may serve as a definition of reluctance.

Hopkinson's law is not a correct analogy with Ohm's law in terms of modelling power and energy flow. In particular, there

is no power dissipation associated with a magnetic reluctance in the same way as there is a dissipation in an electrical

resistance. The magnetic resistance that is a true analogy of electrical resistance in this respect is defined as the ratio of

magnetomotive force and the rate of change of magnetic flux. Here rate of change of magnetic flux is standing in for

electrical current and the Ohm's law analogy becomes,

where is the magnetic resistance. This relationship is part of an electrical-magnetic analogy called the gyrator-capacitor

model and is intended to overcome the drawbacks of the reluctance model. The gyrator-capacitor model is, in turn, part of

a wider group of compatible analogies used to model systems across multiple energy domains.

Reluctance

Magnetic reluctance, or magnetic resistance, is analogous to resistance in an electrical circuit (although it does not

dissipate magnetic energy). In likeness to the way an electric field causes an electric current to follow the path of least

resistance, a magnetic field causes magnetic flux to follow the path of least magnetic reluctance. It is a scalar, extensive

quantity, akin to electrical resistance.

The total reluctance is equal to the ratio of the MMF in a passive magnetic circuit and the magnetic flux in this circuit. In

an AC field, the reluctance is the ratio of the amplitude values for a sinusoidal MMF and magnetic flux. (see phasors)

where is the reluctance in ampere-turns per weber (a unit that is equivalent to turns per henry).

Magnetic flux always forms a closed loop, as described by Maxwell's equations, but the path of the loop depends on the

reluctance of the surrounding materials. It is concentrated around the path of least reluctance. Air and vacuum have high

reluctance, while easily magnetized materials such as soft iron have low reluctance. The concentration of flux in low-

reluctance materials forms strong temporary poles and causes mechanical forces that tend to move the materials towards

regions of higher flux so it is always an attractive force(pull).

Its SI derived unit is the henry (the same as the unit of inductance, although the two concepts are distinct).

The reluctance of a magnetically uniform magnetic circuit element can be calculated as:

where

is the permeability of the material ( is the relative permeability of the material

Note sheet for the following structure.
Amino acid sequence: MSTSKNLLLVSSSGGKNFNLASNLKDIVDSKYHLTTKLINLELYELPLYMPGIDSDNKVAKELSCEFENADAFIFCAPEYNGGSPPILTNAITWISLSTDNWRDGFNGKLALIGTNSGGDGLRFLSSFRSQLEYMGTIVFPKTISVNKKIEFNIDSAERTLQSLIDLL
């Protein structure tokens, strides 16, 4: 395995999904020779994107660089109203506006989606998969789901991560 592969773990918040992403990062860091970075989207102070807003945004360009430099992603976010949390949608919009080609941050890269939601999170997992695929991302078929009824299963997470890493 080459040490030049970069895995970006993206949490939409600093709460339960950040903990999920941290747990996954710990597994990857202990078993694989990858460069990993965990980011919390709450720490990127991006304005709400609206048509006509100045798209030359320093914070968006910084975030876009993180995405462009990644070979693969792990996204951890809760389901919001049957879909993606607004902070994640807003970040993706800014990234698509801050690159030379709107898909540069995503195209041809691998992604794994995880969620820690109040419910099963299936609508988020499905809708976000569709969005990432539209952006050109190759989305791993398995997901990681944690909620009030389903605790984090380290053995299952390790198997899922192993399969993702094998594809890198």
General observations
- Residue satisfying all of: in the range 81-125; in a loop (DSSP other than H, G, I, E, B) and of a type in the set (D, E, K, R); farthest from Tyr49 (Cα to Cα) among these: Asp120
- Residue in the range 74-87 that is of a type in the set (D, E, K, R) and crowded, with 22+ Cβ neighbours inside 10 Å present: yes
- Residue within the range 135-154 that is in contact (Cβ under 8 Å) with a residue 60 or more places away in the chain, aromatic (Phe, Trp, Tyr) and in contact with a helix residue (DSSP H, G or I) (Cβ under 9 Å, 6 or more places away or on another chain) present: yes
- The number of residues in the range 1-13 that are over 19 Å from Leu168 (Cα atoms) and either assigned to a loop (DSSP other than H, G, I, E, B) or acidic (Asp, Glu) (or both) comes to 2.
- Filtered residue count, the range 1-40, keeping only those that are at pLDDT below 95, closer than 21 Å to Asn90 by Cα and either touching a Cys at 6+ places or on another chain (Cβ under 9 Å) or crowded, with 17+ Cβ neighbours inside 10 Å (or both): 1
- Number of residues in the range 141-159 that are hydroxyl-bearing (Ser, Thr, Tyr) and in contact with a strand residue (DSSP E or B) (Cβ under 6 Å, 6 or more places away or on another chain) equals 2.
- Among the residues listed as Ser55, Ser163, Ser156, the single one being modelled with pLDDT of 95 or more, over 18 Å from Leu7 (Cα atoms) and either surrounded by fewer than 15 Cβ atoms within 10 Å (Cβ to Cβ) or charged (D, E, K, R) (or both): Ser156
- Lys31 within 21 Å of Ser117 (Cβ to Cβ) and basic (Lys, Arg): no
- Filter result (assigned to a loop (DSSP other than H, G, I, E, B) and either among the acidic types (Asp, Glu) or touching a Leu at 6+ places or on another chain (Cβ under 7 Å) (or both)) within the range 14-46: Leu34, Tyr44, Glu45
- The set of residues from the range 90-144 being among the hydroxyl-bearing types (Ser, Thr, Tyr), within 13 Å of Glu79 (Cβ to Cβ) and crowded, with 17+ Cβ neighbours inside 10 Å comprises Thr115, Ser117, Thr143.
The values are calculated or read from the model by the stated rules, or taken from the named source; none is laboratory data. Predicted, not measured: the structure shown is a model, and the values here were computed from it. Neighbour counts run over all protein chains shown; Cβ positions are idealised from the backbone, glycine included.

(dimensionless), and is the permeability of free space)

A is the cross-sectional area of the circuit in square metres

This is similar to the equation for electrical resistance in materials, with permeability being analogous to conductivity; the

reciprocal of the permeability is known as magnetic reluctivity and is analogous to resistivity. Longer, thinner geometries

with low permeabilities lead to higher reluctance. Low reluctance, like low resistance in electric circuits, is generally

preferred.

electrical circuits

The following table summarizes the mathematical analogy between electrical circuit theory and magnetic circuit theory.

This is mathematical analogy and not a physical one. Objects in the same row have the same mathematical role; the

physics of the two theories are very different. For example, current is the flow of electrical charge, while magnetic flux is

not the flow of any quantity.

Analogy between 'magnetic circuits' and electrical circuits

Magnetic Electric

Name Symbol Units Name Symbol Units

ampere-turn volt

(MMF) force (EMF)

volt/meter =

Magnetic field H ampere/meter Electric field E

newton/coulomb

Magnetic flux weber Electric current I ampere

Hopkinson's law or

ampere-turn Ohm's law

Rowland's law

Electrical

Reluctance 1/henry R ohm

resistance

Permeance henry G = 1/R

conductance siemens

H Ohm's law

ampere/square

Magnetic flux density B B tesla Current density J

meter

Electrical

Permeability μ henry/meter σ siemens/meter

conductivity

When using the analogy between magnetic circuits and electric circuits, the limitations of this analogy must be kept in

mind. Electric and magnetic circuits are only superficially similar because of the similarity between Hopkinson's law and

Ohm's law. Magnetic circuits have significant differences, which must be taken into account in their construction:

Electric currents represent the flow of particles (electrons) and carry power, part or all of which is dissipated as heat in

resistances. Magnetic fields don't represent a "flow" of anything, and no power is dissipated in reluctances.

The current in typical electric circuits is confined to the circuit, with very little "leakage". In typical magnetic circuits not

all of the magnetic field is confined to the magnetic circuit because magnetic permeability also exists outside

materials (see vacuum permeability). Thus, there may be significant "leakage flux" in the space outside the magnetic

cores, which must be taken into account but often difficult to calculate.

Most importantly, magnetic circuits are nonlinear; the reluctance in a magnetic circuit is not constant, as resistance is,